May 032018
 
Danae Columbus

Danae Columbus, opinion columnist

Who would want to be groped or sexually harassed as part of his or her job? Certainly not the eight women – including Gayle Benson – who have ownership interests in NFL teams. Those eight women owners should take a leadership role in working with NFL Commissioner Roger Goodell to bring an end to former Saintsation Bailey Davis’ discrimination claim.

Tomorrow (May 4) is the deadline that attorney Sara Blackwell – who represents Davis and former Dolphins cheerleader Kristan Ware – set for Goodell to respond to their request for a meeting. The women have suggested a $1 settlement offer in exchange for meaningful dialogue with Goodell. Continue reading »

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May 022018
 

Where to begin with this contrived foolishness?

I’ll start with the rent-a-voodoo princess who wears the bejeweled and feathered turban of a Hindu Maharaja. If that isn’t enough, she also travels with a Home Decor store crystal ball, Italian Tarot cards and sprinkles Arabian frankincense and myrrh from a miniature broom–the type my grandfather kept under the seat of his car.

Princess Catherina, available for readings, housewarmings, and bat mitzvahs (screenshot from Southern Charm New Orleans, Bravotv.com)

Bravo states that the Southern Charm New Orleans television series will follow an “elite circle of friends…born into prominent families,” presumably from New Orleans. “Presumably” being key. Continue reading »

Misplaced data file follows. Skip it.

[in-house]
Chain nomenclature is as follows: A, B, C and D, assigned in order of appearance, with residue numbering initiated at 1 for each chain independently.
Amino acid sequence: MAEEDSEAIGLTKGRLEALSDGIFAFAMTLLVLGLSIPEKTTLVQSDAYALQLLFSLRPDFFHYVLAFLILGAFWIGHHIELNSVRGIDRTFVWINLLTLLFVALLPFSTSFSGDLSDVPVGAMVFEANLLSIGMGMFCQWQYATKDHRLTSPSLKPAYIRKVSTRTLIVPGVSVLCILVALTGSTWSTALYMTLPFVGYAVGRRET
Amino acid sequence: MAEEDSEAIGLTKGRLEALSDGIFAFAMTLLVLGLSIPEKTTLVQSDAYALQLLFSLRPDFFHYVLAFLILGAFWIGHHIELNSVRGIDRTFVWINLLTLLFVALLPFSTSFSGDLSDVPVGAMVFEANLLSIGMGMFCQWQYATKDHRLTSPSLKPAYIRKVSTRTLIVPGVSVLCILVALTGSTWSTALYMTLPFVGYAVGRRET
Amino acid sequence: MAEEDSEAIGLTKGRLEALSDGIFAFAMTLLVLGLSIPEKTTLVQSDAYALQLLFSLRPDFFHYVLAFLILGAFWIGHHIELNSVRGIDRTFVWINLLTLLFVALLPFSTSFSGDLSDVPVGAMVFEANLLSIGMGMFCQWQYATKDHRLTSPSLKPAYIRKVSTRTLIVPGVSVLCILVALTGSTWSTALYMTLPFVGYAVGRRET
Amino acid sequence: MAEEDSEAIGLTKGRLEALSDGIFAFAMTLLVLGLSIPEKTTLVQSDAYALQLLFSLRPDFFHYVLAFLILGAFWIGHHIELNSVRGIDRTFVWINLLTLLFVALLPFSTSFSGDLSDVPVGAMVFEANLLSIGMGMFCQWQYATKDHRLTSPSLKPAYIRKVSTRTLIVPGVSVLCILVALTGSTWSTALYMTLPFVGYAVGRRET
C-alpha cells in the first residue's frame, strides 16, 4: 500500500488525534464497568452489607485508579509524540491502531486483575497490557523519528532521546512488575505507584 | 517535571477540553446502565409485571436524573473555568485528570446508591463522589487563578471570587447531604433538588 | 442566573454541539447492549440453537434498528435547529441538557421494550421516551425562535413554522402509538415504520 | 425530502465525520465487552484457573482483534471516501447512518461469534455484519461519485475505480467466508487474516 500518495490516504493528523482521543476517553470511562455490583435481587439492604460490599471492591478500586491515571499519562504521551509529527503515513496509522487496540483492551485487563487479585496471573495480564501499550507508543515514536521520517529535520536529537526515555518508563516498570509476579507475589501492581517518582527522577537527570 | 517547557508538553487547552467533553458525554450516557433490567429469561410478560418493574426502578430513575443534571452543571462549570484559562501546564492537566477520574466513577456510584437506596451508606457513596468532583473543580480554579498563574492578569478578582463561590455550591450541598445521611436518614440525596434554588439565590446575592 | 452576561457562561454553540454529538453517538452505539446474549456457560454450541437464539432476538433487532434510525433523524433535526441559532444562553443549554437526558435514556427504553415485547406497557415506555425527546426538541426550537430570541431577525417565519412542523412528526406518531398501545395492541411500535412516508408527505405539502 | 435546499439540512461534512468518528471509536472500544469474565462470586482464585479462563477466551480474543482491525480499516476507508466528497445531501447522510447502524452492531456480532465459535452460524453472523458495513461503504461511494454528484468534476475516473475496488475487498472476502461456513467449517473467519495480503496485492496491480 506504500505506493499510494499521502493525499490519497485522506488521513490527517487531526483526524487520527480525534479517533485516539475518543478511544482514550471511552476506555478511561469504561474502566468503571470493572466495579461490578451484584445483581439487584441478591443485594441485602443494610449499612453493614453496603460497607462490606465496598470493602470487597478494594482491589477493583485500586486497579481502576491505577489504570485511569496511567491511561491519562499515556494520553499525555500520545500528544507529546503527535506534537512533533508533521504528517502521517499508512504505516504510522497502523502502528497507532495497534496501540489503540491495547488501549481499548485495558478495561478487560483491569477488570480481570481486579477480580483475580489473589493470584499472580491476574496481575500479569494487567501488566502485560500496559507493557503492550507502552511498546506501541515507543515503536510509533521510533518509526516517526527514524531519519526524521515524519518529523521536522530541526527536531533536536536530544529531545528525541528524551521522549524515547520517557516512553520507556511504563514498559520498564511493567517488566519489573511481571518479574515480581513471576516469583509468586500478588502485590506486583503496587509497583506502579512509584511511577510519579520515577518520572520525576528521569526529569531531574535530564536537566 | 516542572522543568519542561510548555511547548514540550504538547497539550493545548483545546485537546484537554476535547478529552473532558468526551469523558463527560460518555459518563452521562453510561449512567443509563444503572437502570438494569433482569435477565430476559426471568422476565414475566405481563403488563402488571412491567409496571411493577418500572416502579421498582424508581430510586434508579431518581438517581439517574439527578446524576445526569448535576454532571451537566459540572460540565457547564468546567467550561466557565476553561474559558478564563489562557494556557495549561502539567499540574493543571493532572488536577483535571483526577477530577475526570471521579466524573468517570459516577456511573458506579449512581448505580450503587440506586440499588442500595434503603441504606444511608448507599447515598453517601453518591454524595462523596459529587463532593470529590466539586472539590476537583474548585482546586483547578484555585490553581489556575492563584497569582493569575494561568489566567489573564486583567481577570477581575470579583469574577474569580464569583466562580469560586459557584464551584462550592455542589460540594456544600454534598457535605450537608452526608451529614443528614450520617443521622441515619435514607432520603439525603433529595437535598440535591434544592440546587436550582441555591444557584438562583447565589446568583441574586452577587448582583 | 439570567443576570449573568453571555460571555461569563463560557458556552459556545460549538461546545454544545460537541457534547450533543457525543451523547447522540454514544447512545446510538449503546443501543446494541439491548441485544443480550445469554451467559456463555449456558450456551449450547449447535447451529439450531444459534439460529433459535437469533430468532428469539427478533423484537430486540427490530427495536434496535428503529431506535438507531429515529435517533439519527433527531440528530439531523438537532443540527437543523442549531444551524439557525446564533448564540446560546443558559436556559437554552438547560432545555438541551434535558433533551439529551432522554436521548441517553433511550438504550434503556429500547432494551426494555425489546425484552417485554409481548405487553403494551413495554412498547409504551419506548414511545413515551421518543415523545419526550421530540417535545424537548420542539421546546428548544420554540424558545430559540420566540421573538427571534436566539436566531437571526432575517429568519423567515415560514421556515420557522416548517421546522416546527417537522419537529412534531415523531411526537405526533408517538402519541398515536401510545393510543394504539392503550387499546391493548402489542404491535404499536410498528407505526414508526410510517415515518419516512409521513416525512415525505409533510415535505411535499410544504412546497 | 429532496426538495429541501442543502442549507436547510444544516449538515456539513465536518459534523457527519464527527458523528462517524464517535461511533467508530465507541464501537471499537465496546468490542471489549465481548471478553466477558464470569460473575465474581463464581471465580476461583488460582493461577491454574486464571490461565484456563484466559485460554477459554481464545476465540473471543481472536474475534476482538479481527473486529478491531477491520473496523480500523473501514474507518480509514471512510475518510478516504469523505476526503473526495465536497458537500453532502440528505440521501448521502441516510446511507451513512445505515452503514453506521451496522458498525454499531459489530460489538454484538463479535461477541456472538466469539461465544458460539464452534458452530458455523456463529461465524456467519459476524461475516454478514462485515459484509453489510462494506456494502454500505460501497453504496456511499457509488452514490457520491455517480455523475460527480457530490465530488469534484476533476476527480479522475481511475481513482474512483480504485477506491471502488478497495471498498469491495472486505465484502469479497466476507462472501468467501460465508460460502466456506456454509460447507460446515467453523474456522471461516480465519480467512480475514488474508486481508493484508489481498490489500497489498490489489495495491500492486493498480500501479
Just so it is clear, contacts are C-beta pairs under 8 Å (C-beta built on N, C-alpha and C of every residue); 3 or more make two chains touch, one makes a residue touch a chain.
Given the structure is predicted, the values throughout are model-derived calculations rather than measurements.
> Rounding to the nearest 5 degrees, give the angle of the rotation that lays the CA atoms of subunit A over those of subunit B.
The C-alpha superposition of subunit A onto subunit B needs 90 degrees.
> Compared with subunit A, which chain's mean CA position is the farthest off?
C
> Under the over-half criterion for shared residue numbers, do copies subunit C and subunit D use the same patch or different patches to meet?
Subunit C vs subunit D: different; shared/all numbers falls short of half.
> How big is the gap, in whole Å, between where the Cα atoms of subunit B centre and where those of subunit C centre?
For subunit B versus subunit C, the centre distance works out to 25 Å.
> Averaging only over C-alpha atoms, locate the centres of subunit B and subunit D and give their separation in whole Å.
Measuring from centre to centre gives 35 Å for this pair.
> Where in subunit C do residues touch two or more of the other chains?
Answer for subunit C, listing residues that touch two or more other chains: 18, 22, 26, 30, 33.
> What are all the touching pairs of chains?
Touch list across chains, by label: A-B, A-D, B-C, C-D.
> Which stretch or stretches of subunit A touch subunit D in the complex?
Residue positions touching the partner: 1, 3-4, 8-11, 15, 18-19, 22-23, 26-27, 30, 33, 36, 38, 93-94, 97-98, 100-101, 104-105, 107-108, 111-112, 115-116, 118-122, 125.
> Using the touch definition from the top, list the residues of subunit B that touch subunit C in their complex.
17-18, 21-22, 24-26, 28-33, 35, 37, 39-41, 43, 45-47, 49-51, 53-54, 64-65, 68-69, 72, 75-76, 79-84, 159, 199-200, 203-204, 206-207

Apr 302018
 

By Simone Levine, executive director of Court Watch NOLA

Simone Levine

The criminal justice system affects all of us. We pay for it through our taxes, we go to the polls to elect people to run it and then we often try to close our eyes to ignore it the rest of the year. Yet in poll after poll, New Orleans citizenry rank public safety and the criminal justice system as their number one concern.

Truthfully, we often cannot just close our eyes to the criminal courts, but instead go through a series of sentiments of trust and mistrust of the criminal courts depending on what we hear from our fellow citizens and from the news media. In fact, citizen and community confidence in our criminal justice system is one of the most integral elements of a civil society. If we do not believe the police or the prosecution will thoroughly investigate, we will be less likely to report crime. If we do not believe the courts are effective or fair, we will
feel it is a waste of our time to appear in court as a juror, witness, victim, or defendant. Continue reading »